Dale Carrico wrote:
>It cannot be emphasized enough that an entity that never exists does not
>"miss" the life it hasn't attained, and that taking its fictional
>"desires" into account when making moral calculations seems to
>overcomplicate an already breathtakingly complicated business.
I am eating some pig now as I write. It was a real, not fictional, pig. If you say that I shouldn't have eaten it, you are saying you prefer the counterfactual world where that pig never existed. Your argument is that, in that counterfactual world, the real pig in front of me would then be fictional, and so you wouldn't have to worry about its "desires." But I am now taking into account the *real* "desires" of a real pig I am eating. I judge it preferred to live than to not exist, even if that meant being eaten in the end.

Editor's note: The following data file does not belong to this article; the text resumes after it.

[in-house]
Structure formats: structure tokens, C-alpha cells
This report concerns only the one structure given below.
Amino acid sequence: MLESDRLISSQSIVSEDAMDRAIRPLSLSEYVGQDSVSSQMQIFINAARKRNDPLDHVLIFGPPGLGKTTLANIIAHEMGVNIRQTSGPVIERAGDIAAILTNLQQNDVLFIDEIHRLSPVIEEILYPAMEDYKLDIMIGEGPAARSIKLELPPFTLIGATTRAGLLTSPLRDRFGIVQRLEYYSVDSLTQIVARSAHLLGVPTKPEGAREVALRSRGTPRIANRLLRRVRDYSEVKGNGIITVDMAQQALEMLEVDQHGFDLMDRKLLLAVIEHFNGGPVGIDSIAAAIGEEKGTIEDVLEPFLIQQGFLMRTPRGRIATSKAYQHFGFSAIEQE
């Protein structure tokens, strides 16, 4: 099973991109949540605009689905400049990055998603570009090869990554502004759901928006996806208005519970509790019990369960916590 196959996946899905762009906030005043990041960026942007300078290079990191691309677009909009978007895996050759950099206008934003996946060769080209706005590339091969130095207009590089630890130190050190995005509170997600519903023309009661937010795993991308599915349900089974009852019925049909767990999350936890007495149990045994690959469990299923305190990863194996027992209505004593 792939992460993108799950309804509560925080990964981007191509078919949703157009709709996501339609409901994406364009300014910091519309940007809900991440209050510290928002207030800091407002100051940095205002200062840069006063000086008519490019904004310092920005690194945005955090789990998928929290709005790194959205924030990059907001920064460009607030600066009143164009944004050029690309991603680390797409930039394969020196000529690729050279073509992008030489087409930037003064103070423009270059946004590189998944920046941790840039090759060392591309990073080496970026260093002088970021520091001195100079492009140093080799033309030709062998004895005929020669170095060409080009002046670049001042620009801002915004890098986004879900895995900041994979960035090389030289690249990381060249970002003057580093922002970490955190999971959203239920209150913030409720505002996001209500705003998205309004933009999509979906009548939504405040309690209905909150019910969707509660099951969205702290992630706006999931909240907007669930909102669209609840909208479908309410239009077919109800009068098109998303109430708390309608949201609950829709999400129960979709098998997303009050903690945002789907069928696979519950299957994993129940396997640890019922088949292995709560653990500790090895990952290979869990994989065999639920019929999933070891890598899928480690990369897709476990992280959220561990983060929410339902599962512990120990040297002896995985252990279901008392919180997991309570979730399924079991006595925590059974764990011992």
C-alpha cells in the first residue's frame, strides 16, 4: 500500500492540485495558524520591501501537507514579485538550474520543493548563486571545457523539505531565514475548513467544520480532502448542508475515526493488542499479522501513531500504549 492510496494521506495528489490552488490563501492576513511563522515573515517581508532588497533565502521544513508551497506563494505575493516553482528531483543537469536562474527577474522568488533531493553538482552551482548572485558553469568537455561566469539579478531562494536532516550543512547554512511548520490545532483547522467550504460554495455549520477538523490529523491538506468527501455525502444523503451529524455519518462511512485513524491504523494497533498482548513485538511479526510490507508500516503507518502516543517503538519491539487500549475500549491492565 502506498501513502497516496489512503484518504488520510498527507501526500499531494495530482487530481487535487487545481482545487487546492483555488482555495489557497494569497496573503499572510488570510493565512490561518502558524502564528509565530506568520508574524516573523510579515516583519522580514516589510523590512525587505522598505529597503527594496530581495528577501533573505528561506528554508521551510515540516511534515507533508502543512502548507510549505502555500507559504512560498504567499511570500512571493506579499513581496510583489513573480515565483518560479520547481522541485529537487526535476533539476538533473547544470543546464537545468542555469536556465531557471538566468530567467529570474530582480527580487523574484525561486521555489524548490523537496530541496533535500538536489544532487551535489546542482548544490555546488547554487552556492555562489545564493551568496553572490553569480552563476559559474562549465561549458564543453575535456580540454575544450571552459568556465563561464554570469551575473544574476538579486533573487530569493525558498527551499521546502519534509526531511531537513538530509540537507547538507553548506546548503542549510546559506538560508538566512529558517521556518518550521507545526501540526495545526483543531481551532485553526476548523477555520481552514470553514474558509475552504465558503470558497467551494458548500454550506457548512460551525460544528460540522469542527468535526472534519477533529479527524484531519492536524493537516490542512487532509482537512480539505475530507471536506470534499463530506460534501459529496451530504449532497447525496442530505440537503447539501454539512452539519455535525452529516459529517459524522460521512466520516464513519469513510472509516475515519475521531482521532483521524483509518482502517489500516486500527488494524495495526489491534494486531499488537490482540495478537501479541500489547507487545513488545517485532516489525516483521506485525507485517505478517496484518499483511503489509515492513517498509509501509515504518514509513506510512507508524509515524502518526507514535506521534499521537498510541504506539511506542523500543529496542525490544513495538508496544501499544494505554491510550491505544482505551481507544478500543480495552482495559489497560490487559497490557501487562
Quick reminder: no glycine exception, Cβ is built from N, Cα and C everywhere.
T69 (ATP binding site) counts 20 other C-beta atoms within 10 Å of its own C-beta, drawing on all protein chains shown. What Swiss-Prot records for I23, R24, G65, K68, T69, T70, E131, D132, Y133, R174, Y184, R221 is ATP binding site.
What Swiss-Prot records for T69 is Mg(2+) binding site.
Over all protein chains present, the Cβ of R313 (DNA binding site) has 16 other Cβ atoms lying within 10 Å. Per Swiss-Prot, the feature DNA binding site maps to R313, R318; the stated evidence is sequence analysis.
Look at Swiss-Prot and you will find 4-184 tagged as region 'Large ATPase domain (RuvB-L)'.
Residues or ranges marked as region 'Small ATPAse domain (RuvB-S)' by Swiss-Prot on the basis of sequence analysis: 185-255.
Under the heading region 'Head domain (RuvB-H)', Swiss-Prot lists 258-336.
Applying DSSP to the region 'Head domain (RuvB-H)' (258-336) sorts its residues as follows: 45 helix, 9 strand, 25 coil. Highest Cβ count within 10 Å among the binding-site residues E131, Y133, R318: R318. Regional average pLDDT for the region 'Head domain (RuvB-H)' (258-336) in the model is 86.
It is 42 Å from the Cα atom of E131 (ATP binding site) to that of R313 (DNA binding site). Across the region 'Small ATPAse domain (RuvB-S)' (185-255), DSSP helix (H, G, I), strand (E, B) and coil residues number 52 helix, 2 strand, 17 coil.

>You will be unsurprised to hear that I wouldn't argue this. If you-today
>are in the process of committing suicide, because you are suffering the
>extreme irremediable pain of some terminal condition, say, should I
>frustrate your effort on the assumption that you-tomorrow might regret
>being dead? Should I privilege the you-tomorrow who would regret your
>decision over the you-tomorrow who would not regret it and simply try
>again? On what grounds?
I don't know which side you should come down on, but I do think you should at least consider the desires of the me-tommorow in your analysis.
firstname.lastname@example.org http://hanson.berkeley.edu/ RWJF Health Policy Scholar FAX: 510-643-8614 140 Warren Hall, UC Berkeley, CA 94720-7360 510-643-1884